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Electrical Cad Software Open Source Or Free

Keith Foor

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#1
OK, I realize that this is a machinist forum. However, I am needing for doing presentation and assistance on here specifically with Rotary Phase Converters an industrial electricity CAD software. Honestly if doesn't need a lot. If it has contactors, 3 phase motors, capacitors switches and basic square modules for dropping in as timers that would be all I really need. Any ideas would be great. I actually contacted AutoDesk about it to see if I qualified for the educational software because I was more or less instructing (sharing information) and it wasn't for profit. They said no. So I am on the hunt. If anyone knows of anything, or an add on for a free full featured software like sketchup that would be fine as well.

Thanks
 

RJSakowski

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#3
I use freeware called Eagle from https://cadsoft.io/ for my electrical/electronic schematics. While it is intended primarily for printed circuit board layout, it can be used to create general purpose electrical schematics.

It will not be useful out of the box for industrial electrical/electronics work but, as I remember, there is a capability of creating custom components. It has some advanced features for editing connections which should prove useful.
 

Keith Foor

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#7
TinyCAD is what I was after. I am working on drawings now and believe it will go a long way in assisting others when there are discussions of RPC's

Thanks
 

4gsr

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#8
Do any of these cad programs have a symbol directory set up with all of the common components needed to do electrical diagrams? Are any of them in dwg format to make it easy to use in AutoCAD or Draftsight? Anyone willin to share them with me? Ken
 

RJSakowski

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#10
Eagle pcb layout software that I mentioned in post #3 above, formerly from Cadsoft, was apparently acquired by Autodesk and is part of their suite of software. There is still a free version. One of the interesting developments is the ability to export a circuit board to Fusion for subsequent fabrication by milling. Should you choose not to use Fusion, the native Eagle file format can be converted to a Step file or other formats for importation into your choice of CAD and/or CAM software.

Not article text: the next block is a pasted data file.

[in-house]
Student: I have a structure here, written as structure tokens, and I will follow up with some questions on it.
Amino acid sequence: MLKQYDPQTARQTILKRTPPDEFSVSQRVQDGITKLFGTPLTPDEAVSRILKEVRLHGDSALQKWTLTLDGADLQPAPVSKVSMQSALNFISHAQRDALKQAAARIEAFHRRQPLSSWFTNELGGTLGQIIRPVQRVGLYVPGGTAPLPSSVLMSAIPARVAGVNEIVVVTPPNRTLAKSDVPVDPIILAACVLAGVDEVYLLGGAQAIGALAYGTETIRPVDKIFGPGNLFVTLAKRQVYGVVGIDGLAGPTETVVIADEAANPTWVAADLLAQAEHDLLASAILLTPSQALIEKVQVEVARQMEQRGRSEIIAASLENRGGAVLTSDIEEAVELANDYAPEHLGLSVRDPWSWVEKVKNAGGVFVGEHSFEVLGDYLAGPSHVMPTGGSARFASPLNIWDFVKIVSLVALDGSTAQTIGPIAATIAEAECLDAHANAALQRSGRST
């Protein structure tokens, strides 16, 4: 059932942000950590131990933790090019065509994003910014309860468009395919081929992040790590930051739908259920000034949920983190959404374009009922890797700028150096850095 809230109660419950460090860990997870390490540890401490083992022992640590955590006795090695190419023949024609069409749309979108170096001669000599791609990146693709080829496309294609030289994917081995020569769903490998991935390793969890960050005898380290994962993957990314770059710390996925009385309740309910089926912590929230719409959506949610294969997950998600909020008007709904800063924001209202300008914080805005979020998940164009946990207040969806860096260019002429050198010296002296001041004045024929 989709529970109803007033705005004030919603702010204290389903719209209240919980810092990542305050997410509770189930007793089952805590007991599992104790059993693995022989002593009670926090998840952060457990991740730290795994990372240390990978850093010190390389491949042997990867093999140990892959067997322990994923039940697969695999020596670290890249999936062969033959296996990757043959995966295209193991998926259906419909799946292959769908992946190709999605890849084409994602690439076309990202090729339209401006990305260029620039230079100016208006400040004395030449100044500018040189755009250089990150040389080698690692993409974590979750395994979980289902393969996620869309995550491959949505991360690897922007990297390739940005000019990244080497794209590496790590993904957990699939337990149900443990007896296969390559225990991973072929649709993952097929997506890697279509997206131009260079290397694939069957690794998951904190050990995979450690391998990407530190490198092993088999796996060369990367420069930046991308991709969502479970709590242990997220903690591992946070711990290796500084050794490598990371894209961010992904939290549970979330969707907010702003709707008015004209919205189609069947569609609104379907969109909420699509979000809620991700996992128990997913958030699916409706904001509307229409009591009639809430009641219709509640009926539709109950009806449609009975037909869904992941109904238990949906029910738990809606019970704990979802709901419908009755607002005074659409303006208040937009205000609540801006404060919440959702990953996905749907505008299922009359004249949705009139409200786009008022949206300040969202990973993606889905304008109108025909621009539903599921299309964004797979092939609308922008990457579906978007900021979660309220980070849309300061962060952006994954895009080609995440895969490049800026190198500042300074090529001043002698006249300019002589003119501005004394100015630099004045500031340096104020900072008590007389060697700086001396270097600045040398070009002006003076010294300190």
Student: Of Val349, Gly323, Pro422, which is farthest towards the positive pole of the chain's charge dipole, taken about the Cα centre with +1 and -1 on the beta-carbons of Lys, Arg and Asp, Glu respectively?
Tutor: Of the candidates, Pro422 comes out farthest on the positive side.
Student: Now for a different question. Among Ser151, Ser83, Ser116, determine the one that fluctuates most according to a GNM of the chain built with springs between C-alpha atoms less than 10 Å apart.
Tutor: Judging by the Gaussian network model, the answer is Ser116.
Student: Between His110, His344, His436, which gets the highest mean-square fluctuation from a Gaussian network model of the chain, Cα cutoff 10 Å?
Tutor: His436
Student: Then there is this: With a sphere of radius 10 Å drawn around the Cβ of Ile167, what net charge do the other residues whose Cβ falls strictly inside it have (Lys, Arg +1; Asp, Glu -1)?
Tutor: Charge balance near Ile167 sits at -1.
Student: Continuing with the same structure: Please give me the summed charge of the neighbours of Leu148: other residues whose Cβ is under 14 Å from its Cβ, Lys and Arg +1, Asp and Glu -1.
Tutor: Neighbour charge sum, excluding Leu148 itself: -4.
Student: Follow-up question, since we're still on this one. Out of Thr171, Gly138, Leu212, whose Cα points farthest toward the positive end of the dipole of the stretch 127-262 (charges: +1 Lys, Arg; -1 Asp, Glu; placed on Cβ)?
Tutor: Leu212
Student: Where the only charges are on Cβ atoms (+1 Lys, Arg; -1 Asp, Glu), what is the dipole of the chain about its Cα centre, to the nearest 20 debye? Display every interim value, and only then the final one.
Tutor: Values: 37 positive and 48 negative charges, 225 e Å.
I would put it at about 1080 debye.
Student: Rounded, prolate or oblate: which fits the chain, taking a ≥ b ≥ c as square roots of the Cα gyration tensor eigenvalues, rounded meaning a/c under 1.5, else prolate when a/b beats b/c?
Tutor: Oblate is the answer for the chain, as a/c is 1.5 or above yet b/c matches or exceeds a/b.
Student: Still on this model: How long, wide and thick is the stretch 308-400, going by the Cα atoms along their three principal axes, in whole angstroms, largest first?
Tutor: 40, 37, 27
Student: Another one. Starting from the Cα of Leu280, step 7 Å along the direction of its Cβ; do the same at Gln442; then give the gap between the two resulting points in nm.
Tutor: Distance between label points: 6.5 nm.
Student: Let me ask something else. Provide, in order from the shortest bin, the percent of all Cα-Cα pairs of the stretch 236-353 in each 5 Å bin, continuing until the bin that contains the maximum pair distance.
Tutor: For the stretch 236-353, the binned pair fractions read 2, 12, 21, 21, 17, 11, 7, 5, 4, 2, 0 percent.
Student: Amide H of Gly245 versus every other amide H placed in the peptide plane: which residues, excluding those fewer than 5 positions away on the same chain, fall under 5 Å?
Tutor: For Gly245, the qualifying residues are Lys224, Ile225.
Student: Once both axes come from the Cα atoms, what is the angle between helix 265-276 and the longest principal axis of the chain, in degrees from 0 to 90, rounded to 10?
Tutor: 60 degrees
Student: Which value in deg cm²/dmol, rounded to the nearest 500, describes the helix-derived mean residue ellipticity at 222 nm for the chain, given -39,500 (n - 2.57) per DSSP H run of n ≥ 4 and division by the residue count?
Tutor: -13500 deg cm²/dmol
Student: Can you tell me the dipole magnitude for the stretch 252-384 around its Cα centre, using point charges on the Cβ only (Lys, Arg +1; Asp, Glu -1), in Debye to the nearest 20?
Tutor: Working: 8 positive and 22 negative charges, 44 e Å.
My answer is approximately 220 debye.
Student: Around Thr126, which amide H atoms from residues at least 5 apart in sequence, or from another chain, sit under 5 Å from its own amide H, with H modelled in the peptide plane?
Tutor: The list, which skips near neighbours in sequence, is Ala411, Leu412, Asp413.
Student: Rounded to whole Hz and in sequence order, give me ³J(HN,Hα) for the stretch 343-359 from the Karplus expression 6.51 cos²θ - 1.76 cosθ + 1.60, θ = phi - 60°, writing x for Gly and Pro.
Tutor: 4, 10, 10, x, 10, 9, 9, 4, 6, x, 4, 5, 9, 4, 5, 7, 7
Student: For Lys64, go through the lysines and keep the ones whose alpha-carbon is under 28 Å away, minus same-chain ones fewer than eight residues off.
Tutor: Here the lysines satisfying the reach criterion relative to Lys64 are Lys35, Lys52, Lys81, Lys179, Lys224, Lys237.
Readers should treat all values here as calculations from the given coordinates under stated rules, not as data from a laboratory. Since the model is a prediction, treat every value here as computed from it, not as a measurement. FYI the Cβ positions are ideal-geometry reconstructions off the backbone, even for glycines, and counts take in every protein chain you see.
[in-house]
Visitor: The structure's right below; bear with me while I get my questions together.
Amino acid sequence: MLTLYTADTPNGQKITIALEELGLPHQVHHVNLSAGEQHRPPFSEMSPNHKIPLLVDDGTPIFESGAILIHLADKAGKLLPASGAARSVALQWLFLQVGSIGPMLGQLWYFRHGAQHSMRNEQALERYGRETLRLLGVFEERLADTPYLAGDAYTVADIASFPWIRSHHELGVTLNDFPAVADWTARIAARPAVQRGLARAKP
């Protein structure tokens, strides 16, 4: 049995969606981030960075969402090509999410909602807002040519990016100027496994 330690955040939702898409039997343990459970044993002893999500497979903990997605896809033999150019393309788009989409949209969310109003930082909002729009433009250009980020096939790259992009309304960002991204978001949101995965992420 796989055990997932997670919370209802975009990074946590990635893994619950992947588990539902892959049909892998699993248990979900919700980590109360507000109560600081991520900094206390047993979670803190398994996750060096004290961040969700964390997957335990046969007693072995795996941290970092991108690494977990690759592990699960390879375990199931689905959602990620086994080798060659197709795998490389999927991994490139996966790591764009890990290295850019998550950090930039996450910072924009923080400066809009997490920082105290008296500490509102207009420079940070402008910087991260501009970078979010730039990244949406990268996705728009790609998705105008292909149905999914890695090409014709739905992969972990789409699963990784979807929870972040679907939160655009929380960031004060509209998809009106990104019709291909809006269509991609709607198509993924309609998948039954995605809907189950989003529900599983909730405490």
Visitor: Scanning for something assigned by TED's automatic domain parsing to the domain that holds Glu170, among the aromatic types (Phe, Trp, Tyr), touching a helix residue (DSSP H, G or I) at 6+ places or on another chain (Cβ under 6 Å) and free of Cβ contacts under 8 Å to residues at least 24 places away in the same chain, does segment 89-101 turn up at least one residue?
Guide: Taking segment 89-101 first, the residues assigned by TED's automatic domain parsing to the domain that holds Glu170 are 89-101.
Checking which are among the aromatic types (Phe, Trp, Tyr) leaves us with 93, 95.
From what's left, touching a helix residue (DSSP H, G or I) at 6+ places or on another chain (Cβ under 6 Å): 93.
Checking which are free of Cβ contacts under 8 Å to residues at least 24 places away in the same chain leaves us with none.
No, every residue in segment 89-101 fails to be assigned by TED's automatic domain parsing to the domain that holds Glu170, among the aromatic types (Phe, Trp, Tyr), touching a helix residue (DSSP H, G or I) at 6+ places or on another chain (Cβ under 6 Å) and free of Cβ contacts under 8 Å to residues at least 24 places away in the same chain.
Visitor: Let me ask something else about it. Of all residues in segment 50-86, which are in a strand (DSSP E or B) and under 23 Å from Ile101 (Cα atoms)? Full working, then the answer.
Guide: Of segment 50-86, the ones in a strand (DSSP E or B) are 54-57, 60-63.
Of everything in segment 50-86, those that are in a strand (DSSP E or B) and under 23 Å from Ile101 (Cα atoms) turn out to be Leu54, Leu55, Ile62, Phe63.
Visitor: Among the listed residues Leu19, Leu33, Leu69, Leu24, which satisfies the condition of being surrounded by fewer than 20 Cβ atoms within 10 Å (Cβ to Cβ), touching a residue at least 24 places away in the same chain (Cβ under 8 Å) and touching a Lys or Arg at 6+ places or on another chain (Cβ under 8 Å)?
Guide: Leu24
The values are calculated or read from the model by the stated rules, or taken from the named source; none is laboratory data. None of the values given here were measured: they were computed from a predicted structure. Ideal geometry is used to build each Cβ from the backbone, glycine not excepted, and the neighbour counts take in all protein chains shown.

mmprestine

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#11
If you are making PCBs then kicad or eagle. Otherwise autocad is standard for industrial drafting of electrical systems. As recommended draftsight is a free package that will support the industry as it can use the standard accepted *.dwg extension.
 

markba633csi

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#12
I just used gEDA in Linux, pretty nice. Very intuitive and easy saving of drawings to JPEG. Not all schematic editors will do this, or it's a PITA. Also easy to add text to your schematic (absolute PITA with GIMP 2.8, but it's not really a schematic editor) Versions for Linux and Mac OSX , I think Windows too. All basic symbols are there. Then you can use their PCB layout app to design a circuit board.
MS
 
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4gsr

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#13
Downloaded them. So far they look nice and easy to drop in as blocks in a drawing file. Explode the blocks modify them and save as new blocks as needed.

I had to move them over to my "Blocks" directory for easy retrieval. Not real sure why they have you to download them to the directory they specify. Not the way I use them. Oh well!

Ken
 

ammomfg

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#14
So while it looks like this post has been floating around for a while, I thought I would chime in...

I've used a lot of PCB-design software over the last two years, I've largely settled on KICAD, it has a reasonable work-flow, and kinda the big advantage to it is that the symbols are not connected to the actual part. This is a good thing as it allows you to choose a diode in the schematic, but then it can be any of the dozen or more actual physical packages that need a board footprint. There's also a lot of how-to videos on youtube that help you get your feet wet. "Getting to blinky" is kinda the essential set of videos that helped me greatly.
 

wawoodman

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#16
I could only use something like that if it had a component that said "here is where the magic happens..."
 
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